FACTORY MUTUAL INSURANCE COMPANY, Plaintiff–Appellee v. ALON USA L.P.; Alon USA GP L.L.C.; Alon USA Refining Incorporated, Defendants–Appellants.
-- January 23, 2013
Bruce H. Rogers, John Clifton Hart, Brown, Dean, Wiseman, Proctor, Hart & Howell, L.L.P., Fort Worth, TX, for Plaintiff–Appellee.Jessica Ann Zavadil, Thomas Clark Wright, Wright & Close, L.L.P., Houston, TX, for Defendants–Appellants.
Plaintiff–Appellee, Factory Mutual Insurance Company (“FM”), was awarded damages stemming from an industrial accident that destroyed a waste treatment plant at an oil refinery plant owned by Defendants–Appellants, Alon USA LP, Alon USA GP LLC, and Alon USA Refining Inc. (collectively, “Alon”). Alon appealed the court's damages determination. We AFFIRM.
Alon owns and operates an oil refinery in Big Spring, Texas. It relied on the equipment and services of a third party, Veolia North America–West (“Veolia”), for on-site water treatment and waste management. The equipment located in the waste treatment facility (“the Scalfuel plant” or “the Scalfuel facility”) was owned and operated by Veolia and insured by FM. On February 18, 2008, a cloud of vapor exploded at the Scalfuel facility, destroying it. Veolia filed a claim with FM in the amount of $6,106,880, which FM paid in accordance with the insurance policy. Thereafter, on February 17, 2010, FM filed a subrogation claim against Alon to recover damages stemming from the explosion, alleging that Alon's negligence both directly and proximately caused the damages at issue.
Before the bench trial began, Alon stipulated to liability, leaving only the issue of damages to be determined. At trial, the parties agreed that damages would be determined by the fair market value of the Scalfuel plant before the explosion, but they fundamentally disagreed as to how fair market value should be calculated in this context. FM contended that it was entitled to the Scalfuel plant's replacement cost, i.e., the cost of new parts and labor adjusted downward to account for the original plant's depreciation at the time of the explosion, since there is no market for Scalfuel plants that can be used as a measure of value. On the other hand, Alon argued that FM was only entitled to the cost of the Scalfuel plant's component parts. FM sought $6,106,880, whereas Alon claimed FM could only recover $877,882.
The district court found that, even though there is a market for specific used components, there is no market for used Scalfuel systems. Since the sum price of a Scalfuel system's components does not reflect the full value of an operational Scalfuel plant, the district court found that the fair market value is determined by the replacement cost adjusted for improvements in value beyond the destroyed plant and depreciation reflecting the remaining useful life of the plant before its destruction. Accordingly, the district court found Alon liable for $3,790,391.96, plus interest. To reach this figure, the district court started with an estimate for new equipment, including taxes and shipping, of $2,356,110. Ten percent was added to this amount as a contingency.1 The combined sum was then multiplied by 2.25 to account for the costs of installation, testing, and startup and the result was then multiplied by 0.65 to account for the original Scalfuel plant's 35% depreciation. Alon timely appealed the district court's judgment, challenging the measure of damages and calculation of fair market value.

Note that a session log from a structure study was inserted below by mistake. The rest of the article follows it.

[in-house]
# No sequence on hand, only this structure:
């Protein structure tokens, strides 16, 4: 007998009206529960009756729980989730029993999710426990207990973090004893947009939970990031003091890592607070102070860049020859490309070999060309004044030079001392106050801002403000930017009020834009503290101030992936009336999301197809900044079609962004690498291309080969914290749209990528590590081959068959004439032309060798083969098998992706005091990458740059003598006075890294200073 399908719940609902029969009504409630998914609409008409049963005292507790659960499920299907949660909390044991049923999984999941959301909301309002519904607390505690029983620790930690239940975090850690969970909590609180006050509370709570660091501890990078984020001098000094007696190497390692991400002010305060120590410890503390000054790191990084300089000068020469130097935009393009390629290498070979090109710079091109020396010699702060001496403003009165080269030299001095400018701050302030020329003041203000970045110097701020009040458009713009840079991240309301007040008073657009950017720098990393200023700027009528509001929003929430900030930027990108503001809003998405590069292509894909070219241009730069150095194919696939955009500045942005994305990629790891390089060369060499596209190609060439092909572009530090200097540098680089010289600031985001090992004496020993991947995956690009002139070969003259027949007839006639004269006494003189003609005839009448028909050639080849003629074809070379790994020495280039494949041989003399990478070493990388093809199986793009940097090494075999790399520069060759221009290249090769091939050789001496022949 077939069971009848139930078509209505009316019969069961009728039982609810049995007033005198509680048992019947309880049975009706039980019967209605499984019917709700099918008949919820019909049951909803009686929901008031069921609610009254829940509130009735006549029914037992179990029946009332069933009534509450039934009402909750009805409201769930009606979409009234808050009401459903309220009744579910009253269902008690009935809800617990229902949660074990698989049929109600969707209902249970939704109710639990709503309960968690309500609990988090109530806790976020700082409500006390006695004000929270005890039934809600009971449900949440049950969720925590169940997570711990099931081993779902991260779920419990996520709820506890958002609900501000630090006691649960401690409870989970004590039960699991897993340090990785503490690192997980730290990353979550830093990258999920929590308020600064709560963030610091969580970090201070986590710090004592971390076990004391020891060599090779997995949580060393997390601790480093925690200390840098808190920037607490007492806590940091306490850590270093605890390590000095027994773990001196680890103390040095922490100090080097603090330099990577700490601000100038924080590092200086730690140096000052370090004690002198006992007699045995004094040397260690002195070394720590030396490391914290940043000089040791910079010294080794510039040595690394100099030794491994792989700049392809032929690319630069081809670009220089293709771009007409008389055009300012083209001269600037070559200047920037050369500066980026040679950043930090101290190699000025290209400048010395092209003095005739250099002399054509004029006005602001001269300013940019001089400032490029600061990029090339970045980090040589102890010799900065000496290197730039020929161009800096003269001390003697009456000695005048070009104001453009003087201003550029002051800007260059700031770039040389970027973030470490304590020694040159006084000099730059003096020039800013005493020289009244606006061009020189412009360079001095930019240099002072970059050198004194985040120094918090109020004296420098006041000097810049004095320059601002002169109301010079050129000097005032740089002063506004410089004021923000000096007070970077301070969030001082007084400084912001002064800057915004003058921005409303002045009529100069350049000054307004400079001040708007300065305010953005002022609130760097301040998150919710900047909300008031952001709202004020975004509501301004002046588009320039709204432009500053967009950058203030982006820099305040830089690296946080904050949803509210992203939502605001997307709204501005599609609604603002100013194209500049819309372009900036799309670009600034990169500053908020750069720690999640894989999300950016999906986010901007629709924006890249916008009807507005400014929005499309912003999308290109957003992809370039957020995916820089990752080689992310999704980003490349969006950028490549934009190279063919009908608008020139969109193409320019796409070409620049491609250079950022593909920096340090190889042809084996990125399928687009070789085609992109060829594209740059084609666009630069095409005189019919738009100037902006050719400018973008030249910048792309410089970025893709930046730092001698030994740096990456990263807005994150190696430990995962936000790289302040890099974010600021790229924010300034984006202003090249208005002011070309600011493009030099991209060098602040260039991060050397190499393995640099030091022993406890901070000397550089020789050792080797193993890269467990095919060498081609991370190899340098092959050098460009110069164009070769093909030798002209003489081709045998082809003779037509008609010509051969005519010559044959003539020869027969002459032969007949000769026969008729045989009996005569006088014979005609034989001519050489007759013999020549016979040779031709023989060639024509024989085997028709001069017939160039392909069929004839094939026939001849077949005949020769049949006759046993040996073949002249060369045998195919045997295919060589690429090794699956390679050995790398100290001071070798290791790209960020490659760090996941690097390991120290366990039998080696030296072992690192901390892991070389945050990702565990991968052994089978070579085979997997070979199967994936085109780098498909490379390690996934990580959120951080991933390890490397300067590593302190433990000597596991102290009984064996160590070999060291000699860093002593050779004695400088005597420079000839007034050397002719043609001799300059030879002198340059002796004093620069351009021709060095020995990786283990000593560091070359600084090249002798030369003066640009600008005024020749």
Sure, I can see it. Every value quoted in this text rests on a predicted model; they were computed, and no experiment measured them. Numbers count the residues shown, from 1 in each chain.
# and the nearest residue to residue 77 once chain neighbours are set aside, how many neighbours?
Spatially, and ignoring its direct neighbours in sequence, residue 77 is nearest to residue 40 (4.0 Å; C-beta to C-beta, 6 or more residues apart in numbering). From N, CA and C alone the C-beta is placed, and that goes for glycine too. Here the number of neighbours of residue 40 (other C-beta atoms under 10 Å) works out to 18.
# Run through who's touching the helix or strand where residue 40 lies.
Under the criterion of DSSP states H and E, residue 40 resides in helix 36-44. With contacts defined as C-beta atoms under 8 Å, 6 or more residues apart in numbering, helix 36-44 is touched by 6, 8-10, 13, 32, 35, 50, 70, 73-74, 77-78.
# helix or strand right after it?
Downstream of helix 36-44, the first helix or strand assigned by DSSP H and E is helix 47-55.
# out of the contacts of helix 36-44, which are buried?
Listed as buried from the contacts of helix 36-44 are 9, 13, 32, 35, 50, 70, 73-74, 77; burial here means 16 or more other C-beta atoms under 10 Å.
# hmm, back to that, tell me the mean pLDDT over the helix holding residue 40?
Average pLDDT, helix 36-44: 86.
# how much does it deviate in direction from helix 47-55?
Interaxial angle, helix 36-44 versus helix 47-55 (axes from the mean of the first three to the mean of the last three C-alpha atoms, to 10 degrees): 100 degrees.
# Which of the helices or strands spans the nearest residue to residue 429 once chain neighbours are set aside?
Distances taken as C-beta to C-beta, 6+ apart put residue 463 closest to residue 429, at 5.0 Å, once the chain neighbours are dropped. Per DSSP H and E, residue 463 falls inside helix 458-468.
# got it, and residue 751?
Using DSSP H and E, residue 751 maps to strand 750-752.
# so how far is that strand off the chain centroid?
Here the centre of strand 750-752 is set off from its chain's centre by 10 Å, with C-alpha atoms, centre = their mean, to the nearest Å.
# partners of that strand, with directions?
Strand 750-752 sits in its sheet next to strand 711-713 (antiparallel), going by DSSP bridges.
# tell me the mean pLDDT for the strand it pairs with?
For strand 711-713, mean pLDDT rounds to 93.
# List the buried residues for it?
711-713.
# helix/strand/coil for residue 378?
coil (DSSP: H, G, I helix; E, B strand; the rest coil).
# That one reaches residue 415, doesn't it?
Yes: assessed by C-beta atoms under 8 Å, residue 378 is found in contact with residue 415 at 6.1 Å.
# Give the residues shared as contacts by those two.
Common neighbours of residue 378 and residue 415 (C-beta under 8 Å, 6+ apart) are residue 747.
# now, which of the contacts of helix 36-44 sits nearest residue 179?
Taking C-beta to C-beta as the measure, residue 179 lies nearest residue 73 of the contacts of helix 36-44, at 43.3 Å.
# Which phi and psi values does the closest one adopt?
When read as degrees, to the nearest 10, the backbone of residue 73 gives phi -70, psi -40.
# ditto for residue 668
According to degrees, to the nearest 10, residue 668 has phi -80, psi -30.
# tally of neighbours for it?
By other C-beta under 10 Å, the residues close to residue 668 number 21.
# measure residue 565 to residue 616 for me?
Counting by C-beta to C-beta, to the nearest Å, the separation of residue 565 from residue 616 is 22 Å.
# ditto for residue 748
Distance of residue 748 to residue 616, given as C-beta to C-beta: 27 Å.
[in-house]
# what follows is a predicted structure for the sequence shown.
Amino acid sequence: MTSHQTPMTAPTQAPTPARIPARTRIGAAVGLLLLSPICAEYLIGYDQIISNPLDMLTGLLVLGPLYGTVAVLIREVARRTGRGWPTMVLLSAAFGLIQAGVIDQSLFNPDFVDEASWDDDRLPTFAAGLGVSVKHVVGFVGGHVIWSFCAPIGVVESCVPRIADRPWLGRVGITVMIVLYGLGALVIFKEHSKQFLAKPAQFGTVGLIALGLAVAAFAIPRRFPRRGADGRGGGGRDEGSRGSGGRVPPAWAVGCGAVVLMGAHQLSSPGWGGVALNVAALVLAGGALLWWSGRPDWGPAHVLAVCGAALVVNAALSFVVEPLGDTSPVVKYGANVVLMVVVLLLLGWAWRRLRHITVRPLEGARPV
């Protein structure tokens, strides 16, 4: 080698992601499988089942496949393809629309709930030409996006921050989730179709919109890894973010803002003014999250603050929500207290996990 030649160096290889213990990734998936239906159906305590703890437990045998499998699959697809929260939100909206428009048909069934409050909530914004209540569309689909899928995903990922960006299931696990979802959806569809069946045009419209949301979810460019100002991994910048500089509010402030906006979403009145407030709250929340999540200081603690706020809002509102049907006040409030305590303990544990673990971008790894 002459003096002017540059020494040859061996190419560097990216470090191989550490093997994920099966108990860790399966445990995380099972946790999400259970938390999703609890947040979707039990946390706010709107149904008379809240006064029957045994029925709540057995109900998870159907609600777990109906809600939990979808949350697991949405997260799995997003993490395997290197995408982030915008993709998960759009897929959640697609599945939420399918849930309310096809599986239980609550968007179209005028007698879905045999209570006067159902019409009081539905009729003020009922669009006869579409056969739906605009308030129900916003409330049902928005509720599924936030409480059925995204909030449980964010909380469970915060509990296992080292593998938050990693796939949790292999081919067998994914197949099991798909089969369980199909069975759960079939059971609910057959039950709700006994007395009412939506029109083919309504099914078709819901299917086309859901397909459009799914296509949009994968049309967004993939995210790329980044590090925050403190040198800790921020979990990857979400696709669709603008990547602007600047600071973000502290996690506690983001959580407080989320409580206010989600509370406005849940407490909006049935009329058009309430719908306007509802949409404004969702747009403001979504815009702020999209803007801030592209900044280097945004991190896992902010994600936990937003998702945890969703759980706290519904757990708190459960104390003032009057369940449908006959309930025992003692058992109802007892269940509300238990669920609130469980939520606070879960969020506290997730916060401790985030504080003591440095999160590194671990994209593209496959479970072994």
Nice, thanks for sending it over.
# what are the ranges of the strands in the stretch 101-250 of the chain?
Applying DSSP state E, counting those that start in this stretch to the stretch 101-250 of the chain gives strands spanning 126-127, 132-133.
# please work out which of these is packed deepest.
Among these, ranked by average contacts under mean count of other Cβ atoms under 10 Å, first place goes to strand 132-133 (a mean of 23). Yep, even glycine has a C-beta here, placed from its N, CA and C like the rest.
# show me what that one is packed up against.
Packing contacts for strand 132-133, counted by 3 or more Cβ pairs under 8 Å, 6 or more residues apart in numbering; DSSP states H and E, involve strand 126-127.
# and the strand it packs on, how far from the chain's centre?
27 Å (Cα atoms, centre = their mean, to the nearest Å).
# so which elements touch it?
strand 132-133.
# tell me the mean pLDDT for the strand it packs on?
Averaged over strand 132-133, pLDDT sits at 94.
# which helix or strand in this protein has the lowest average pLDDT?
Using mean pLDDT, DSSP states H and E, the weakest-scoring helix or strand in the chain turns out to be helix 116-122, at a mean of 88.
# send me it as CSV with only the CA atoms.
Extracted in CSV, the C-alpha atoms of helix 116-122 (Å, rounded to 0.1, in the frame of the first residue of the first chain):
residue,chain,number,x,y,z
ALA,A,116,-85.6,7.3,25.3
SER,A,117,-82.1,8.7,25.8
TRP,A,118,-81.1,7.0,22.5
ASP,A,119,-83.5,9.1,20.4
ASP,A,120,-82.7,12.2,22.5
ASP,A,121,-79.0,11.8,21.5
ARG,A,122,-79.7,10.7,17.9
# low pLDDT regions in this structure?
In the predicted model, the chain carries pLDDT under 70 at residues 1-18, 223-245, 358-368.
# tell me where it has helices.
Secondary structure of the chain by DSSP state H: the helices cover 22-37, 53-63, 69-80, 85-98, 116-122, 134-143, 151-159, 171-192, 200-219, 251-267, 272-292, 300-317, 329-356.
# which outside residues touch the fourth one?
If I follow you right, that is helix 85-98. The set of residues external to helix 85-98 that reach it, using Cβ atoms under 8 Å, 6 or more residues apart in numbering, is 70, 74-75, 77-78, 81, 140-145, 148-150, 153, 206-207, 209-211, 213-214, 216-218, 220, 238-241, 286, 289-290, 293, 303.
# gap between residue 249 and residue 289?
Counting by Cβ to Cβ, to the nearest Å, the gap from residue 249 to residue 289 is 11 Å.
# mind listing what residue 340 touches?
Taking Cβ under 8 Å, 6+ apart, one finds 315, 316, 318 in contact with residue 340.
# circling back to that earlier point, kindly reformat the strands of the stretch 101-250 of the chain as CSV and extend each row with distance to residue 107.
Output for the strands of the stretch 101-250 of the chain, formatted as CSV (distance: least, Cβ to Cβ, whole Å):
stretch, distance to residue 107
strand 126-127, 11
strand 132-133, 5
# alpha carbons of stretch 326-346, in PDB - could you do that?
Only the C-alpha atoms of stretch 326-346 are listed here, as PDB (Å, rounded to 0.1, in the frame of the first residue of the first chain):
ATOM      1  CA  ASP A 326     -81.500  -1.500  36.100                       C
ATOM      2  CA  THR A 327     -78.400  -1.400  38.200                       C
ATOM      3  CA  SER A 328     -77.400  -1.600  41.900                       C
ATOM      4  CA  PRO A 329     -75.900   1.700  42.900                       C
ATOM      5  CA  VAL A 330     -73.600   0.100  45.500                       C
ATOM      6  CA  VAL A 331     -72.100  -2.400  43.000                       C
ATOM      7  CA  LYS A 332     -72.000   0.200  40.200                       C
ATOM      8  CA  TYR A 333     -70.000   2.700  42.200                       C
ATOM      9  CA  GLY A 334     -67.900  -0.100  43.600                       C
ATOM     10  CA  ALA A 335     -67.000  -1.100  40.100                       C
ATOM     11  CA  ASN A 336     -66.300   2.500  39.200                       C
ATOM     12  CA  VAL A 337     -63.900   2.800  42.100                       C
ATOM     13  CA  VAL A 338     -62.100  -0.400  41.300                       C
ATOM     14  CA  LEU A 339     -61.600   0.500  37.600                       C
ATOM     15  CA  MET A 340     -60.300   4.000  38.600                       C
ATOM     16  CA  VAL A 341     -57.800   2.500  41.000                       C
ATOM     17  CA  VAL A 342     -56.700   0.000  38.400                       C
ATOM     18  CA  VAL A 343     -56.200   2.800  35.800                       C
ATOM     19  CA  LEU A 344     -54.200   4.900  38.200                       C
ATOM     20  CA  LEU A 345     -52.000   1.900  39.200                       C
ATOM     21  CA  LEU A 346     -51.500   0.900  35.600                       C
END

The district court had jurisdiction pursuant to 28 U.S.C. § 1332, as the parties are diverse and the amount in controversy exceeds $75,000. This Court has jurisdiction pursuant to 28 U.S.C. § 1291, as the district court entered final judgment on October 12, 2011 and Alon timely filed a Notice of Appeal on November 10, 2011.
On appeal, Alon challenges both the district court's use of replacement cost to determine the market value of the Scalfuel plant, as well as two figures that went into calculating the replacement cost. Specifically, Alon claims that expert testimony concerning the 35% depreciation figure should have been excluded and that the 2.25 multiplier lacked an underlying factual basis.
While the parties agree that fair market value is the measure of damages here, they disagree as to how fair market value should be calculated. If a market exists for the property destroyed, i.e., if willing buyers and willing sellers engage in the sale of the property at issue, then comparable sales are the usual measure of value. If a market does not exist, however, then replacement cost is the appropriate measure of value. Here, the district court found that no market for Scalfuel plants exists based on the evidence presented at trial. Accordingly, the district court utilized replacement cost to calculate FM's damages.
This Court reviews the district court's findings of fact for clear error. Mid–Continent Cas. Co. v. Davis, 683 F.3d 651, 654 (5th Cir.2012). “A finding is clearly erroneous if it is without substantial evidence to support it, the court misinterpreted the effect of the evidence, or this court is convinced that the findings are against the preponderance of credible testimony.” Becker v. Tidewater, Inc., 586 F.3d 358, 365 (5th Cir.2009) (quoting Bd. of Trs. New Orleans Employers Int'l Longshoremen's Ass'n v. Gabriel, Roder, Smith & Co., 529 F.3d 506, 509 (5th Cir.2008)). Thus, when the fact finder is faced with two permissible views of the evidence, the choice between them cannot be clearly erroneous. Davis, 683 F.3d at 654.